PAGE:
My 10th grade English teacher became a friend and mentor to me. She was tough and not all students liked her (honestly, it was rather obvious when she didn't like a student either) but I loved her. I loved reading challenging books and getting into deep discussions about their meaning and what we could learn from them. She expected us to work hard and I thrived with the chance to rise to high expectations. Later when I started working on the school newspaper, she was one of the advisers and she challenged me and supported me and encouraged me to push boundaries. She also gave me confidence in my writing abilities, without which I might not have even considered journalism.

My 11th grade English teacher was also fantastic and I adored her. She was kind, funny and compassionate. My calculus teacher, Mr. Camaan, was also a really good man and was so patient and calm. I loved my band teacher, Mr. Green, and will never forget the amazing feeling of playing Armenian Dances at competition and nailing it or laughing so hard the day he accidentally conducted himself off of his chair during a pit orchestra rehearsal. These teachers all knew me as a person and cared about my success and helped me along the way. I had enough not-so-great teachers that it made me appreciate the good ones and recognize that they were something special.

Teachers have great potential to affect children and make a difference that could change them forever. It isn't just about math, reading or science but it is also about appreciating knowledge, learning, persevering, and working hard to succeed. Taking the time to appreciate the good teachers, the ones who actually care about their students and deal with a lot of challenges with patience and grace, is homework we should all try to complete.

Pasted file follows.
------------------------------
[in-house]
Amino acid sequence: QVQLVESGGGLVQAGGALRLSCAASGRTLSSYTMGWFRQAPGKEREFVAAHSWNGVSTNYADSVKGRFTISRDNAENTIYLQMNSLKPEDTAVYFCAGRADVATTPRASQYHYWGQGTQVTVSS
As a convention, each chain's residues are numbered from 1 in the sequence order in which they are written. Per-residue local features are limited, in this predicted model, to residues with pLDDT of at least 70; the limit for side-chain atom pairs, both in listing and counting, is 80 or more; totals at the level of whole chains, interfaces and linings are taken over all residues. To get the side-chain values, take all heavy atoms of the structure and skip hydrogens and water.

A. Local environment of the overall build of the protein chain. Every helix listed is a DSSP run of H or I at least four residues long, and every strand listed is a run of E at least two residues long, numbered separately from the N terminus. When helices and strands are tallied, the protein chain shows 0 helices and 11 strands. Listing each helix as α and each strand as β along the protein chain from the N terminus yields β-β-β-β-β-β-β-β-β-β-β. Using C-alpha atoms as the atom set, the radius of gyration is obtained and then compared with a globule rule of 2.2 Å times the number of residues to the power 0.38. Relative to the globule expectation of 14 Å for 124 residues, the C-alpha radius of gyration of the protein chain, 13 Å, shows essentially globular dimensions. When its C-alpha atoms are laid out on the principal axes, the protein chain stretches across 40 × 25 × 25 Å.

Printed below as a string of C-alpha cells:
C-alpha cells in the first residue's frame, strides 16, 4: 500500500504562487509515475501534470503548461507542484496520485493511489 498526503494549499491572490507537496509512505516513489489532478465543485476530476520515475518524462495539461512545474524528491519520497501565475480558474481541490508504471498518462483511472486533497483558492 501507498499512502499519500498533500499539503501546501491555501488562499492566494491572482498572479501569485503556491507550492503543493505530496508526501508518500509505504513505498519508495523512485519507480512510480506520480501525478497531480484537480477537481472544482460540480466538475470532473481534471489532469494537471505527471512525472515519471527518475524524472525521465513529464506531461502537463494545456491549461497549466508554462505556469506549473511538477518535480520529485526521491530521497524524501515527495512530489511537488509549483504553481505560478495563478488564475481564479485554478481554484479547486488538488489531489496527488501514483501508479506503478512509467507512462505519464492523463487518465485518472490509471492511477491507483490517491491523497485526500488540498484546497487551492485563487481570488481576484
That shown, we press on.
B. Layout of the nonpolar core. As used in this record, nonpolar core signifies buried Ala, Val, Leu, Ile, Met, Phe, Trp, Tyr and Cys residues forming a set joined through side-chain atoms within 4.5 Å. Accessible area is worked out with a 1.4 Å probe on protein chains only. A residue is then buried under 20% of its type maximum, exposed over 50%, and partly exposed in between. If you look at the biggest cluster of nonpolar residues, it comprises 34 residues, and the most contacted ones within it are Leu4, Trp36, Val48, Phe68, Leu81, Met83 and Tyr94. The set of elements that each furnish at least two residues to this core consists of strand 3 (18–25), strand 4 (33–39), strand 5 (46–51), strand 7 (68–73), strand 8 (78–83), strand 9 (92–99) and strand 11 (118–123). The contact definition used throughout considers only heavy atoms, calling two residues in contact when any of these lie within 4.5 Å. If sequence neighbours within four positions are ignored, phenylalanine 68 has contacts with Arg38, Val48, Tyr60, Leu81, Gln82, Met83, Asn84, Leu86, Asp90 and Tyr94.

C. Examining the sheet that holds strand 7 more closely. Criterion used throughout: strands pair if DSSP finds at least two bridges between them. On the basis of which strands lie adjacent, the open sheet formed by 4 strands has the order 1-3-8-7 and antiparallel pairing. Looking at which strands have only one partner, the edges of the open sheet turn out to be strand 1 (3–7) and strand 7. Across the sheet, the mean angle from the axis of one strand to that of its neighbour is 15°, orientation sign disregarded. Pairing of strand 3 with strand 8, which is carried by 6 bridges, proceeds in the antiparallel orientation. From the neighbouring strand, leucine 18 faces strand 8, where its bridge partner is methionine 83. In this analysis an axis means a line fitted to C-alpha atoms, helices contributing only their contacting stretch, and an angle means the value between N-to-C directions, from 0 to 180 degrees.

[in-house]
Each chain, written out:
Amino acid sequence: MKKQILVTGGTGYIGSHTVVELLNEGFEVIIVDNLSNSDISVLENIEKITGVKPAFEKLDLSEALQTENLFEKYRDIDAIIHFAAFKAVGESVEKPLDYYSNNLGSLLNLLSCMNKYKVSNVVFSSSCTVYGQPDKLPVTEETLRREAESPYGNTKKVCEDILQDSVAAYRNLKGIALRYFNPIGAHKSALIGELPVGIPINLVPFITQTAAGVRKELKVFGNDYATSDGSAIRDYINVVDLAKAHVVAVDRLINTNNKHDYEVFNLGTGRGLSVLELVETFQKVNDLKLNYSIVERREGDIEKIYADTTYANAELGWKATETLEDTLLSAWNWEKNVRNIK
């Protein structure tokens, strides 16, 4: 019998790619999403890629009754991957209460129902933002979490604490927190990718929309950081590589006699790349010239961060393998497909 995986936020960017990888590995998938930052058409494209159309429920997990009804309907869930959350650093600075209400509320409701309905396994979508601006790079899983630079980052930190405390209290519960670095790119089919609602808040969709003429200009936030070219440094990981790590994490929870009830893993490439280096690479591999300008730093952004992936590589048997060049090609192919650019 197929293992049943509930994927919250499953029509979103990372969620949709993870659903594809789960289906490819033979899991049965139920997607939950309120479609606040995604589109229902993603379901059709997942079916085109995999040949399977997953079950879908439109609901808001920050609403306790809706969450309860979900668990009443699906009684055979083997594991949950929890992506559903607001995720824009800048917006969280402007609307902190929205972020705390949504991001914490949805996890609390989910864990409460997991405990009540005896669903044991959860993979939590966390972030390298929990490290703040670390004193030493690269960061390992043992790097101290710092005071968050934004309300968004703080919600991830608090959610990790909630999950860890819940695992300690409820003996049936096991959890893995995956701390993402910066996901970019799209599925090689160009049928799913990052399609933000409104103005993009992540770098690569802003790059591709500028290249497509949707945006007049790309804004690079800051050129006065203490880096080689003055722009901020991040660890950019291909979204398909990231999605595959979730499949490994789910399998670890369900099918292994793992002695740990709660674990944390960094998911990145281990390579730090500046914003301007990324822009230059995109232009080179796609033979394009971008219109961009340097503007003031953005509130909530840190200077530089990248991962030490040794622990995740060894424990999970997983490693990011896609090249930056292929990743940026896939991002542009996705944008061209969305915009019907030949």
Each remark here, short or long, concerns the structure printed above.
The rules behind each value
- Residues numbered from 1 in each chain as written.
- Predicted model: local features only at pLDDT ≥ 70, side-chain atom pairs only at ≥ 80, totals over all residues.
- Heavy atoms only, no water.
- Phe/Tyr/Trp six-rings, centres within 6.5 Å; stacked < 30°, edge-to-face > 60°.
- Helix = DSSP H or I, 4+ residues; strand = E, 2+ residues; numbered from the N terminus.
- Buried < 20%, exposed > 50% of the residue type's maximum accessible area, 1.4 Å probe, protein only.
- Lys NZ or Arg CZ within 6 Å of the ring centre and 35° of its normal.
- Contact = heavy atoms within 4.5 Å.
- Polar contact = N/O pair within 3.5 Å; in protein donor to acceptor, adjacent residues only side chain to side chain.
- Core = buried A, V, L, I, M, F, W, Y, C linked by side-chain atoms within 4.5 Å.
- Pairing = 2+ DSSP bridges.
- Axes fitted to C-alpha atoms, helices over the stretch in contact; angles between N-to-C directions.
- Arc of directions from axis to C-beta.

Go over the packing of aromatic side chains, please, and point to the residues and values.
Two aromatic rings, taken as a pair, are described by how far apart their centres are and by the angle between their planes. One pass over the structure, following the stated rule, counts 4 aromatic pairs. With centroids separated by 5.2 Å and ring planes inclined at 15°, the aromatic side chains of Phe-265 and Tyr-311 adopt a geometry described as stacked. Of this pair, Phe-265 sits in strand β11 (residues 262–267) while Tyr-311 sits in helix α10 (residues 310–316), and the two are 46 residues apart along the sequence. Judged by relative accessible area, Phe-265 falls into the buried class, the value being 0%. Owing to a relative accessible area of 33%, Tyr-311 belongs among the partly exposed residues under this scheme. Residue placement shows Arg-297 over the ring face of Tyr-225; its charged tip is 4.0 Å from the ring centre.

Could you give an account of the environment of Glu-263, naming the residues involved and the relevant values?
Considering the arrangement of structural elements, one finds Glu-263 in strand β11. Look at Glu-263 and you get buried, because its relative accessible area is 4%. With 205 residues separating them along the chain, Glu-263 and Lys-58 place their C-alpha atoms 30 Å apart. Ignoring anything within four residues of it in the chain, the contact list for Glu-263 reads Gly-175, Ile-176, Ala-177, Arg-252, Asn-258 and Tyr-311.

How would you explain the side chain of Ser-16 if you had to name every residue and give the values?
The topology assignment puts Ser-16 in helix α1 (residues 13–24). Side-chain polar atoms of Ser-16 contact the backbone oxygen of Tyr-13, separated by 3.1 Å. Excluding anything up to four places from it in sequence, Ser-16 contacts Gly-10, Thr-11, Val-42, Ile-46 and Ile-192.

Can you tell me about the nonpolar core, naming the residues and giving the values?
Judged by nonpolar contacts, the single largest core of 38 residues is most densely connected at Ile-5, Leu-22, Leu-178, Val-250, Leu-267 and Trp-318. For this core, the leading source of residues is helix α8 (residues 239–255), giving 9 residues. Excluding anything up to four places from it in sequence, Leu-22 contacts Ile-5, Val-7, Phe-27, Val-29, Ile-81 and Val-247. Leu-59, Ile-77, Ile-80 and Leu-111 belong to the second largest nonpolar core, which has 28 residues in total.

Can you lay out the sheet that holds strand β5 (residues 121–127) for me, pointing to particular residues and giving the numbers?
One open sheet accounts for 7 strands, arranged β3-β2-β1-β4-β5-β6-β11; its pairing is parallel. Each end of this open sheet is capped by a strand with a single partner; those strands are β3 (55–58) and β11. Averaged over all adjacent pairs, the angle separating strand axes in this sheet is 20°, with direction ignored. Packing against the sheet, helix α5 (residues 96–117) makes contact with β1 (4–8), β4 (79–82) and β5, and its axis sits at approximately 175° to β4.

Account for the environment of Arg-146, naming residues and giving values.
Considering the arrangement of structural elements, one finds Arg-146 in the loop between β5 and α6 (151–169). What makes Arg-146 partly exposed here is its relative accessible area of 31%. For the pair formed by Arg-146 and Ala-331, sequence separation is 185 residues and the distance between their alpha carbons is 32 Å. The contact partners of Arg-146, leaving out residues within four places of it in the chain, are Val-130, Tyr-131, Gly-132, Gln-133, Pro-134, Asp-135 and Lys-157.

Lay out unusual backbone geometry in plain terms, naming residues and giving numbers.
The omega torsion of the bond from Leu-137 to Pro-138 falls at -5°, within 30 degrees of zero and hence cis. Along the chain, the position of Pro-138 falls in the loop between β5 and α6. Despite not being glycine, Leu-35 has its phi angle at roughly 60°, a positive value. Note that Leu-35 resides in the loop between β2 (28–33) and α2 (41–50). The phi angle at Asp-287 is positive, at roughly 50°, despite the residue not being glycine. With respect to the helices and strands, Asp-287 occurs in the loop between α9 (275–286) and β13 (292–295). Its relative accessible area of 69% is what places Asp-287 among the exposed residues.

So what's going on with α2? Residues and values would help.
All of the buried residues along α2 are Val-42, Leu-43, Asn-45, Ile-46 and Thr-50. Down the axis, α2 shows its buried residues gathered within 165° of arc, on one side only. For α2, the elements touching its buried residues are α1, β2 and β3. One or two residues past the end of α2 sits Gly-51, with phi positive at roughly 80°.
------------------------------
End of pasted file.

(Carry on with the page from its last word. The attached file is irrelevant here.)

Saturday, April 14, 2018


Last Sunday my husband was sustained and set apart as the bishop of our ward. That means that he is now responsible for the spiritual and temporal welfare of our entire church congregation and all the people that live in our ward boundaries. It is a weighty responsibility and one that he accepted humbly. Our church is one of a lay ministry with no paid clergy so we all take turns filling the various responsibilities. I currently play the piano for the children during their singing time and I love it. Other times I have helped with the youth organization and the women's organization. Josh has taught the children before but mostly served in the men's organization and most recently as the previous bishop's executive secretary. This was not something he sought after, in fact we both secretly hoped it would never be asked of us, but when the call came, we both supported it and said yes.

A lot of people have been asking me how I feel about it and depending on the person I have had different answers. Overall, I am good with this change. I shared these feelings on Sunday but I have promised the Lord to do whatever was asked of me to build up his kingdom here on earth and to love and serve His children. This is a wonderful opportunity to fulfill those promises. I love my ward family and I also know that this experience will refine my husband (although he really is the best and it is hard to imagine how he'll get any better). I adore him and support him one hundred percent. I wonder how long it will take me to get used to people calling him Bishop though because that seriously just seems too grown up for us!

My greatest concerns are first, logistics. When he has meetings or visits to make or interviews or activities he needs to attend, that leaves just one of me to make sure my kids are making it to where they need to be. It also makes it harder for me to go out and limits my flexibility. Nothing I can't handle but it does make life a bit trickier, especially in the short term when we already had things planned before we knew about this change.